~ By Alok Bansal
The killing of Mullah Mansour, the leader of Taliban on 22nd May, near AmadWal inside Pakistan’s Balochistan province has had a significant impact on the security situation of the region. It has also worsened the already tenuous relations between Pakistan and the US. This, the first drone attack inside Balochistan, saw Pakistan vociferously protesting against infringement of its sovereignty, as this has expanded the area of ‘unilateral’ US operations within Pakistan. However, as in the case of Osama Bin Laden earlier, Pakistan has yet to come out with any rational explanation for the presence of such elements within its territory. More significantly, this operation has severely strained Afghanistan-Pakistan relations.
The presence of Mullah Mansour inside Pakistan has given credence to what Afghan authorities had always believed that Mansour was in close league with Pakistani authorities. The fact that he had a valid Pakistani passport with visas from Iran indicates that somebody from within the establishment was supporting him. It has also been established that he had travelled to Iran and was coming back. The fact that the leader of one of the most dreaded militant organisation and Amir-ul-Mumineen for jihad being waged by Al Qaeda, was travelling without any protection shows that he never visualised any threat within Pakistan. He took a taxi from the Iran border and travelled over 450 Km in Balochistan where there are numerous security check points on roads to prevent movement of Baloch nationalists, thereby indicating that he feared no threat from security forces.
This affirmation of close links with the establishment in Pakistan coming immediately after heightened Taliban offensive under Mansour, which included attack on Kunduz and other towns, where numerous lives have been lost to Taliban, naturally annoyed Afghanistan. They felt that Pakistan’s government was playing a double role by supporting Taliban, while overtly being a part of the Quadrilateral Coordination Group (QCG) on Afghan peace and reconciliation process, made up of representatives from Afghanistan, Pakistan, China and the United States.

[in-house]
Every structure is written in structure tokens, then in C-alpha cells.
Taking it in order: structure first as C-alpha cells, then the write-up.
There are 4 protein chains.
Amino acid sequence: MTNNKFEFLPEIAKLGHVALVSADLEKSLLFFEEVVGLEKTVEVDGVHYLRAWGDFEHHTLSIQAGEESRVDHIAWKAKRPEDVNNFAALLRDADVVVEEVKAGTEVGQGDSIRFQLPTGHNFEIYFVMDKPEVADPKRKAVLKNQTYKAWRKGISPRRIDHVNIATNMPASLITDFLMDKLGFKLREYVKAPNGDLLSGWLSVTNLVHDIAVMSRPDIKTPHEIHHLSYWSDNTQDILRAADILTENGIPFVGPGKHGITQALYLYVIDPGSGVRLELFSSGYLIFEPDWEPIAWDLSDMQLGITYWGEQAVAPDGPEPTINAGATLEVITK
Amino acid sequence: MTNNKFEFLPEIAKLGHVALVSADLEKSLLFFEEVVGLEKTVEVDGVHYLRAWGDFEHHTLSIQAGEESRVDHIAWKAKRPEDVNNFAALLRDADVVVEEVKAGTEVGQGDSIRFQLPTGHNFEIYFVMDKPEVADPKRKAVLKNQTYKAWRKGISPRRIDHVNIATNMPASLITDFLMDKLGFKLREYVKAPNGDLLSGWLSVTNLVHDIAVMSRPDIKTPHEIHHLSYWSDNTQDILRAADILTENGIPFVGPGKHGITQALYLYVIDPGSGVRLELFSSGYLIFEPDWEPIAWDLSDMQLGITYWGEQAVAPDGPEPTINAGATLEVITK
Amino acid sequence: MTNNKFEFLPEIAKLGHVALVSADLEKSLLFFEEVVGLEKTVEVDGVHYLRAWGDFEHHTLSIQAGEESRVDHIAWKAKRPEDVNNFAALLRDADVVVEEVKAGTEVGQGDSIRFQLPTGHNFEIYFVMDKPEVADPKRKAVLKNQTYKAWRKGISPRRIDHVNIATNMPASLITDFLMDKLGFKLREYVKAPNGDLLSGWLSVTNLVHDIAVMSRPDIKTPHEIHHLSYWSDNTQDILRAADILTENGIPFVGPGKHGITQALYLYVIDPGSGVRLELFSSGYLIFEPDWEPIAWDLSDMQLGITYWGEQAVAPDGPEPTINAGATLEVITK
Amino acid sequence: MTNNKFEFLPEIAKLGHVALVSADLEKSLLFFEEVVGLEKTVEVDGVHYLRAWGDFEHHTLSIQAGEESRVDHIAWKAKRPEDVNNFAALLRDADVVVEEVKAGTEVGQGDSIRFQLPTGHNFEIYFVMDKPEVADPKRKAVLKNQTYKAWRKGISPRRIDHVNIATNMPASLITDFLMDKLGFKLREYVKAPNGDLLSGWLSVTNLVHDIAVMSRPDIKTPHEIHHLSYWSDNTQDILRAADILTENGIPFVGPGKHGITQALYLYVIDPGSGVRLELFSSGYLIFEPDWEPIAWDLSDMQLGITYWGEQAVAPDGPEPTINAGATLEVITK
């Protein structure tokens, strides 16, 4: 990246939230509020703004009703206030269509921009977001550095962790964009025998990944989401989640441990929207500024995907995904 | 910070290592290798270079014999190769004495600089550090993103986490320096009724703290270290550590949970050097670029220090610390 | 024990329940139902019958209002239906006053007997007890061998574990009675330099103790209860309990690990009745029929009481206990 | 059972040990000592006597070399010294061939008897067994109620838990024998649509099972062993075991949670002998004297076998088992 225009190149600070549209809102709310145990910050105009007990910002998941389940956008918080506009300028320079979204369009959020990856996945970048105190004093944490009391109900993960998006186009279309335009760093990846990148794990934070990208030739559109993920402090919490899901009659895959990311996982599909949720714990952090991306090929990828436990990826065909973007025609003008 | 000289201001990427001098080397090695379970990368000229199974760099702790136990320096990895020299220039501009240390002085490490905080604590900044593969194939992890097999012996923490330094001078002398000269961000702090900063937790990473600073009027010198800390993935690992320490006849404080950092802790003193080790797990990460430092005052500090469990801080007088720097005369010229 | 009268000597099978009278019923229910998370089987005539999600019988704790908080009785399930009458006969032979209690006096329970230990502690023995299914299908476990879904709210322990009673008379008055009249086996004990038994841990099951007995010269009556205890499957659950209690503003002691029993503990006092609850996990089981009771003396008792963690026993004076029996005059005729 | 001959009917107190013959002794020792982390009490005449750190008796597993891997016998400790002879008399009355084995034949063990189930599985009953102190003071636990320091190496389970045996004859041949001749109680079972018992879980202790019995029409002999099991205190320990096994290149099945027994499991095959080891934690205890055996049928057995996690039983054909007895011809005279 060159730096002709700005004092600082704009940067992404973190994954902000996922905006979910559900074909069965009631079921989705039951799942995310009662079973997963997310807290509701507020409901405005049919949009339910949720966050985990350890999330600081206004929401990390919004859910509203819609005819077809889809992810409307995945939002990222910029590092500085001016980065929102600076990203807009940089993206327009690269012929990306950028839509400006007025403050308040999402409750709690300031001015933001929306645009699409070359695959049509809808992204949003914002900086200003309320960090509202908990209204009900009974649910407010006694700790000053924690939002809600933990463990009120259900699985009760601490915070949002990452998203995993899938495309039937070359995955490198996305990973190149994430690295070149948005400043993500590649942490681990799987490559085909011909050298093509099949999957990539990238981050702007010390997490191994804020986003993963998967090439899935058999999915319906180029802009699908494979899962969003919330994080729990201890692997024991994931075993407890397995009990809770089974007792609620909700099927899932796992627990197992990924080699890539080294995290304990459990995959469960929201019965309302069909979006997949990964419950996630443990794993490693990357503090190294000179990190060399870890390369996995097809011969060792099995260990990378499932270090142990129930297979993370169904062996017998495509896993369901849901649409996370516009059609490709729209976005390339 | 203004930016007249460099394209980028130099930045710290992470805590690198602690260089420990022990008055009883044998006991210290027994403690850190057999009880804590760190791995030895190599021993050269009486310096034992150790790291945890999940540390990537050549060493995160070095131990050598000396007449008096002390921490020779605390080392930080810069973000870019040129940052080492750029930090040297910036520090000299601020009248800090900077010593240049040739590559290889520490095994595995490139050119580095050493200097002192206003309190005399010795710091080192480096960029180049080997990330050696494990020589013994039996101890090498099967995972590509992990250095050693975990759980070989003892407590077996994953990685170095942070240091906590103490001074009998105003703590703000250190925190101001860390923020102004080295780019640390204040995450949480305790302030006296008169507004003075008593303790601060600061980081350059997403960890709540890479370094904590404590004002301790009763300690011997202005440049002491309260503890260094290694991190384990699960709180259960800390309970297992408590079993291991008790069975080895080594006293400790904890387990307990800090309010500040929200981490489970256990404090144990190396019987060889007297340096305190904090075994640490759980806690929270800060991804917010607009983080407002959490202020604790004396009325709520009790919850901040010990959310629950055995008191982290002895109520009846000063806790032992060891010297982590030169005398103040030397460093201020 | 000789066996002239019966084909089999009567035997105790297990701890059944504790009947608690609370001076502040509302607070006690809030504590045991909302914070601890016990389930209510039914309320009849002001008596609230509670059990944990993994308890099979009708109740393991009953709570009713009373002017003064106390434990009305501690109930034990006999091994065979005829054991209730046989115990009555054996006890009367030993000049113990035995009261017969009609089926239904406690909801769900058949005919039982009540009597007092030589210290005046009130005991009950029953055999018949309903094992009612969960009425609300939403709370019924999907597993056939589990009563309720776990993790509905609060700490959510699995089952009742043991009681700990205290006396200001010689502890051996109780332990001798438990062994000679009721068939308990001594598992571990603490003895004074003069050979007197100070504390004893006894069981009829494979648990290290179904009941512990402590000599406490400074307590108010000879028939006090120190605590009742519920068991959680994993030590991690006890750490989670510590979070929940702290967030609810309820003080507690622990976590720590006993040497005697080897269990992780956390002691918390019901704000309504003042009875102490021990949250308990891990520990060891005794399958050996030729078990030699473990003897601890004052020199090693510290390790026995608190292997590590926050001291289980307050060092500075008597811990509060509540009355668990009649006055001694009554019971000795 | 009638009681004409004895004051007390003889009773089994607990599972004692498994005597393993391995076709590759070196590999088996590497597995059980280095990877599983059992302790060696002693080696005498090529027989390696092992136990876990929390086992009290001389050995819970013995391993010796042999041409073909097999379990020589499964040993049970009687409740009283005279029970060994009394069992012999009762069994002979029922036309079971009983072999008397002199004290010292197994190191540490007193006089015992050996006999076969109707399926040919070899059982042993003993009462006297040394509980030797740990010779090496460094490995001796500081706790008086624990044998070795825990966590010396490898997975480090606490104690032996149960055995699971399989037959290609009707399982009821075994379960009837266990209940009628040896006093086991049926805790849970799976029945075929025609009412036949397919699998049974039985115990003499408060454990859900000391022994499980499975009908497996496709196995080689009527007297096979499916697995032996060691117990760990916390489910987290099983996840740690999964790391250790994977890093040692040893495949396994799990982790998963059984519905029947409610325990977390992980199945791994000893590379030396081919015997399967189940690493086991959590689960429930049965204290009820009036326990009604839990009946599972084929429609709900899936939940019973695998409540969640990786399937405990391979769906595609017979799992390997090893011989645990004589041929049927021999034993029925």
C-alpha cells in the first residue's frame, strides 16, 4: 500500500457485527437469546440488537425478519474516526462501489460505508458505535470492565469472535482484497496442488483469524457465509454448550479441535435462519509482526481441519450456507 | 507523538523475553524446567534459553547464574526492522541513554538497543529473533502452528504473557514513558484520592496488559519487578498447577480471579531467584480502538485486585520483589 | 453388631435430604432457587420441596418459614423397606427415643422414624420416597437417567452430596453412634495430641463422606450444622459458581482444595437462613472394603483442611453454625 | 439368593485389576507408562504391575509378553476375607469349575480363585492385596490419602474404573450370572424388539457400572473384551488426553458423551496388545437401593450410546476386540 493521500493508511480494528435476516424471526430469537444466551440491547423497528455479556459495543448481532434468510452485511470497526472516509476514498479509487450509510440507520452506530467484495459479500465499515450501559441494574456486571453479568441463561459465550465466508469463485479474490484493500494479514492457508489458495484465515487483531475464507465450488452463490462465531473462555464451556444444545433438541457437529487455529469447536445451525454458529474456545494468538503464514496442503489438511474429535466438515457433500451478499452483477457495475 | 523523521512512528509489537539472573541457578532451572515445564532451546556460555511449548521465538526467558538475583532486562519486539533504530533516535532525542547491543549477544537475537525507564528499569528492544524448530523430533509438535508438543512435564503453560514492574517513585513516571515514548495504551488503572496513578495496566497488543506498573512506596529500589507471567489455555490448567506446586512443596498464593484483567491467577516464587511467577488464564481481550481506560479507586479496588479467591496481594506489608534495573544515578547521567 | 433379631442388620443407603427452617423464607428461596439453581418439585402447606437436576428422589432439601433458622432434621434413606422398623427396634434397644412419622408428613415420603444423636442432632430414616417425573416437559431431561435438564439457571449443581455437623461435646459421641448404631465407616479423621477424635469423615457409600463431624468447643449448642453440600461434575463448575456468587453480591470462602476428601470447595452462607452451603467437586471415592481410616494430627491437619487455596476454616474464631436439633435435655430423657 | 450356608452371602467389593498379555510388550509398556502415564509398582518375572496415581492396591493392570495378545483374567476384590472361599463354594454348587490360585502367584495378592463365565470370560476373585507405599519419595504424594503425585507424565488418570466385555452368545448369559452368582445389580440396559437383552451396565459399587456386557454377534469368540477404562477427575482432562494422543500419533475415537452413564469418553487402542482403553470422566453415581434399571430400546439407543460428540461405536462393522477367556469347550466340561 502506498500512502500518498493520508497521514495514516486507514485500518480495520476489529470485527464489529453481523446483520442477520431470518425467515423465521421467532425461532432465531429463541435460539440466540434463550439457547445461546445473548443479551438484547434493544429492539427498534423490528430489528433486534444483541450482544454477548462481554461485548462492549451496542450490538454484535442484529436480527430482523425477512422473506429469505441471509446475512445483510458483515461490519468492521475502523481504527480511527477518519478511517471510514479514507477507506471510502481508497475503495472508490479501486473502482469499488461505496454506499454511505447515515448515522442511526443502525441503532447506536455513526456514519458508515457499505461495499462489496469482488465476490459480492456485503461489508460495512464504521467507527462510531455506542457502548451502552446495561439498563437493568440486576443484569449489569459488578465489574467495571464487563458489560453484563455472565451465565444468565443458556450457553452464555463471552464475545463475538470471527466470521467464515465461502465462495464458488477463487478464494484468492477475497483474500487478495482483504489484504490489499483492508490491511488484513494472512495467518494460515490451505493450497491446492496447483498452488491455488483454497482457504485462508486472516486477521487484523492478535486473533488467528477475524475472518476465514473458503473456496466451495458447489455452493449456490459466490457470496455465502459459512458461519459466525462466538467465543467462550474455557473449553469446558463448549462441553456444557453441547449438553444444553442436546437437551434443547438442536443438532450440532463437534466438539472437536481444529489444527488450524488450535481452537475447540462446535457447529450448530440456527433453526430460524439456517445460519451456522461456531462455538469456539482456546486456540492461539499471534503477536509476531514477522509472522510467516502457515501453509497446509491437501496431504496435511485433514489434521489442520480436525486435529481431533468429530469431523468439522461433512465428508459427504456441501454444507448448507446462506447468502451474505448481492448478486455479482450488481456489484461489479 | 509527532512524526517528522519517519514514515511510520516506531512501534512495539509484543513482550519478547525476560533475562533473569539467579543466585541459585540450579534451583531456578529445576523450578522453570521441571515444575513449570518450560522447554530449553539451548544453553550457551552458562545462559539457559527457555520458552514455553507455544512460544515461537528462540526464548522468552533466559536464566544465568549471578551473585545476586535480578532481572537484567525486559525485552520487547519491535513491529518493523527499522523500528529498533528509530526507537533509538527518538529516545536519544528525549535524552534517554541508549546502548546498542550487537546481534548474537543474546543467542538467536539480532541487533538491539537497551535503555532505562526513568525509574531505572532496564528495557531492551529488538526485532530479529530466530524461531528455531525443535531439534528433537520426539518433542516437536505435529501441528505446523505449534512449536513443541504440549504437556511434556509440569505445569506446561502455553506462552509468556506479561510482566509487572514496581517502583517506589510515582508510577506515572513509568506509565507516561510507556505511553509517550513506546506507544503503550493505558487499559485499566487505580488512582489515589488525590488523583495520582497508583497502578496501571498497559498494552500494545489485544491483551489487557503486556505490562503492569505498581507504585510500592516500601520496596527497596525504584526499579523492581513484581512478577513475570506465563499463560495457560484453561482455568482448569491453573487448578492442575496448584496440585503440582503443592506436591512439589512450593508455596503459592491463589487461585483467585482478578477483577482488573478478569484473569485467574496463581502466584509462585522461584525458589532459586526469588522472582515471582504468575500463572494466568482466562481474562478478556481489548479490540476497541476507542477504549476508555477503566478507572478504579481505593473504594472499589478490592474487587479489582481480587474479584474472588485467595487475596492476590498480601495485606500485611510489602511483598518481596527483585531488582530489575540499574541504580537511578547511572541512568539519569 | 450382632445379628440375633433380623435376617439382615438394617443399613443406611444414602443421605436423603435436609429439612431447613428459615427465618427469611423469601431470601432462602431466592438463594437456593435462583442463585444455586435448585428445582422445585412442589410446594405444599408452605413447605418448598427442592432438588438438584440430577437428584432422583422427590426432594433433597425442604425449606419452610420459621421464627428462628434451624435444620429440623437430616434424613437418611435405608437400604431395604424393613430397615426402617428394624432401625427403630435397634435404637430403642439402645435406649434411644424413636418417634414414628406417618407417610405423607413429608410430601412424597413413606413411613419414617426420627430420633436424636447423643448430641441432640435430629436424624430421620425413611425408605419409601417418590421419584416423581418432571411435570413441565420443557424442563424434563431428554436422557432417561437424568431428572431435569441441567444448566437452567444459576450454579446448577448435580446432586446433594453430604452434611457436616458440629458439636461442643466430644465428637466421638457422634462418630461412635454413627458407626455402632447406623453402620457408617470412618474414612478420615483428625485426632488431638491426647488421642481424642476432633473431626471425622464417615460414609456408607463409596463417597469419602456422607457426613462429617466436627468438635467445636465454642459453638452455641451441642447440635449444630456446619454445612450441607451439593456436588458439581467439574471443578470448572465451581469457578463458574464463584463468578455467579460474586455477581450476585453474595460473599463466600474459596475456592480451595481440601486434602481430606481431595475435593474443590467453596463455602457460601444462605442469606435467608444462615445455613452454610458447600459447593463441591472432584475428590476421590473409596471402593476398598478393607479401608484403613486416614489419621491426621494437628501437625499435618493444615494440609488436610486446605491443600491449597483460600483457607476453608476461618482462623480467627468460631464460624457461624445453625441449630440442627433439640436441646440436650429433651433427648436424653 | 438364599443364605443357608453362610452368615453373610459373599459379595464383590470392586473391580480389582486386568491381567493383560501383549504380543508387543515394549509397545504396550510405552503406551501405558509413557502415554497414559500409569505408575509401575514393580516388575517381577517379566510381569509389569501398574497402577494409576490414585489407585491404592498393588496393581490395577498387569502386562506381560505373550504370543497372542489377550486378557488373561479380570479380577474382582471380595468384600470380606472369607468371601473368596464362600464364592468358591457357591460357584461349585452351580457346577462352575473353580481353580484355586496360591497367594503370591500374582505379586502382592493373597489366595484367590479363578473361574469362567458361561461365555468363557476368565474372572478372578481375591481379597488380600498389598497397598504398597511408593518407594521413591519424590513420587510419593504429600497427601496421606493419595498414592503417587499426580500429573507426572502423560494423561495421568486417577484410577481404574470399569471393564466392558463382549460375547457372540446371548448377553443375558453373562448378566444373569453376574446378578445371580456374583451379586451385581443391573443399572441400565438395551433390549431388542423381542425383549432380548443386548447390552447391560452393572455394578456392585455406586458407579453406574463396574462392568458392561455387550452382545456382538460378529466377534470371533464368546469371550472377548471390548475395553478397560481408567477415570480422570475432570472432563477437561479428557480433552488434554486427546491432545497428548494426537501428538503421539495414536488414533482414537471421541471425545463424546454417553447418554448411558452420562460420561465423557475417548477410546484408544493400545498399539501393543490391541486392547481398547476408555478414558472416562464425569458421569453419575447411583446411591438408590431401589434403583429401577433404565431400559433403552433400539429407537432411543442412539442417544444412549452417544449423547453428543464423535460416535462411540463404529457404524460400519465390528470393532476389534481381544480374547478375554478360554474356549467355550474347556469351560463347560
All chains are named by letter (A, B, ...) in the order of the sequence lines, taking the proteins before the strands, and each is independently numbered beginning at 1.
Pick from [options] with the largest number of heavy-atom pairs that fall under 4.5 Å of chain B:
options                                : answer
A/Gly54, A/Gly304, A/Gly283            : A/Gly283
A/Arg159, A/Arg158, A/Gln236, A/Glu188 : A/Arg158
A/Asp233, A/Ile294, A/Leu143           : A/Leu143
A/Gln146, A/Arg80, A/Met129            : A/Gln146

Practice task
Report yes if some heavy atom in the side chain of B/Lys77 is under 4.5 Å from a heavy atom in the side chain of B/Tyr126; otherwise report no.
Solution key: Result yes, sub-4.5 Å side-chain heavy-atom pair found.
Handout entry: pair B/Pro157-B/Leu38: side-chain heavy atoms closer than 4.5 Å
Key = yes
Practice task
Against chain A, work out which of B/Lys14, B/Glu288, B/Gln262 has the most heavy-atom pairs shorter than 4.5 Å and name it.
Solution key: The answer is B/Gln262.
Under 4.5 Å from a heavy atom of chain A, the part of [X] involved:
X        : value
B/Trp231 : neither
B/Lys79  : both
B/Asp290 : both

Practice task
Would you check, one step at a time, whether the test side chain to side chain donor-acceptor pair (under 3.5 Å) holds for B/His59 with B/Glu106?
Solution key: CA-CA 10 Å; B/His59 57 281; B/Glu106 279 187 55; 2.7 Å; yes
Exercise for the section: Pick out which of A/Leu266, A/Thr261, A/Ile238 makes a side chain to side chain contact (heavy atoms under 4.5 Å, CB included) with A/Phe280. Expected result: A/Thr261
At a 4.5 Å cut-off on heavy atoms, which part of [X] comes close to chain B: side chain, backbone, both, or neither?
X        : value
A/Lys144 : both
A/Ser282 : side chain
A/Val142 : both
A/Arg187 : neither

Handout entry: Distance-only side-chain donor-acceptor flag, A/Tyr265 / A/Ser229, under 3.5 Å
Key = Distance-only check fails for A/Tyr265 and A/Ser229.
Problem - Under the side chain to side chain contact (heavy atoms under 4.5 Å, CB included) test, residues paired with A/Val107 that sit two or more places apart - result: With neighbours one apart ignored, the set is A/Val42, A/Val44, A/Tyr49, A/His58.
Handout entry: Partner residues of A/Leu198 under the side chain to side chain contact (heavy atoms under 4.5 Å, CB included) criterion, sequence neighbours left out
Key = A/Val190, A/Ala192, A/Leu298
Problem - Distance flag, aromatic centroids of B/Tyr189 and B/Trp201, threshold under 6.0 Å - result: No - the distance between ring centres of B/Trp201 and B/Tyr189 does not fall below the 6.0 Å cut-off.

Unlike the previous occasion, when Mullah Omar had died, the Taliban did not waste time and contrary to expectations, named Haibatullah Akhundzadaas the new leader. It was widely believed that either Sirajuddin Haqqani, the leader of Haqqani Network, who has been close to the Pakistani establishment or Mullah Yakoub, the son of the Taliban founder Mullah Omar, would be appointed as the leader, as they were the deputies to Mansour. Both have been retained as deputies to Akhundzada, as they wield considerable influence within the Taliban. Unlike the previous occasion even Al Qaeda came out quickly in support of Akhundzada. To cement his position and ostensibly to avenge Mansour’s killing, the Taliban carried out some bold attacks in Afghanistan. Merely hours after the new leader was announced, a suicide attack in Kabul on a bus carrying employees of the judiciary department claimed 11 lives and injured 10 others. As many of them were carried by Haqqani network, fingers were pointed towards Pakistan.
The new leader has vowed to continue the fight and accordingly, the Taliban have refused to participate in any talks. However, the Afghans have been pressing Pakistan to bring the Taliban to the negotiating table, as they had promised to do so earlier. The fact that Pakistan has not done so, has aggravated the rift between the two countries and Afghans have started accusing Pakistan of meddling in their affairs by pointing towards Mansour’s presence on Pak territory. More significantly, just before Mansour’s killing, the Afghan government had warned it would take action against Taliban for not coming to the table and had urged the QCG to show their military role.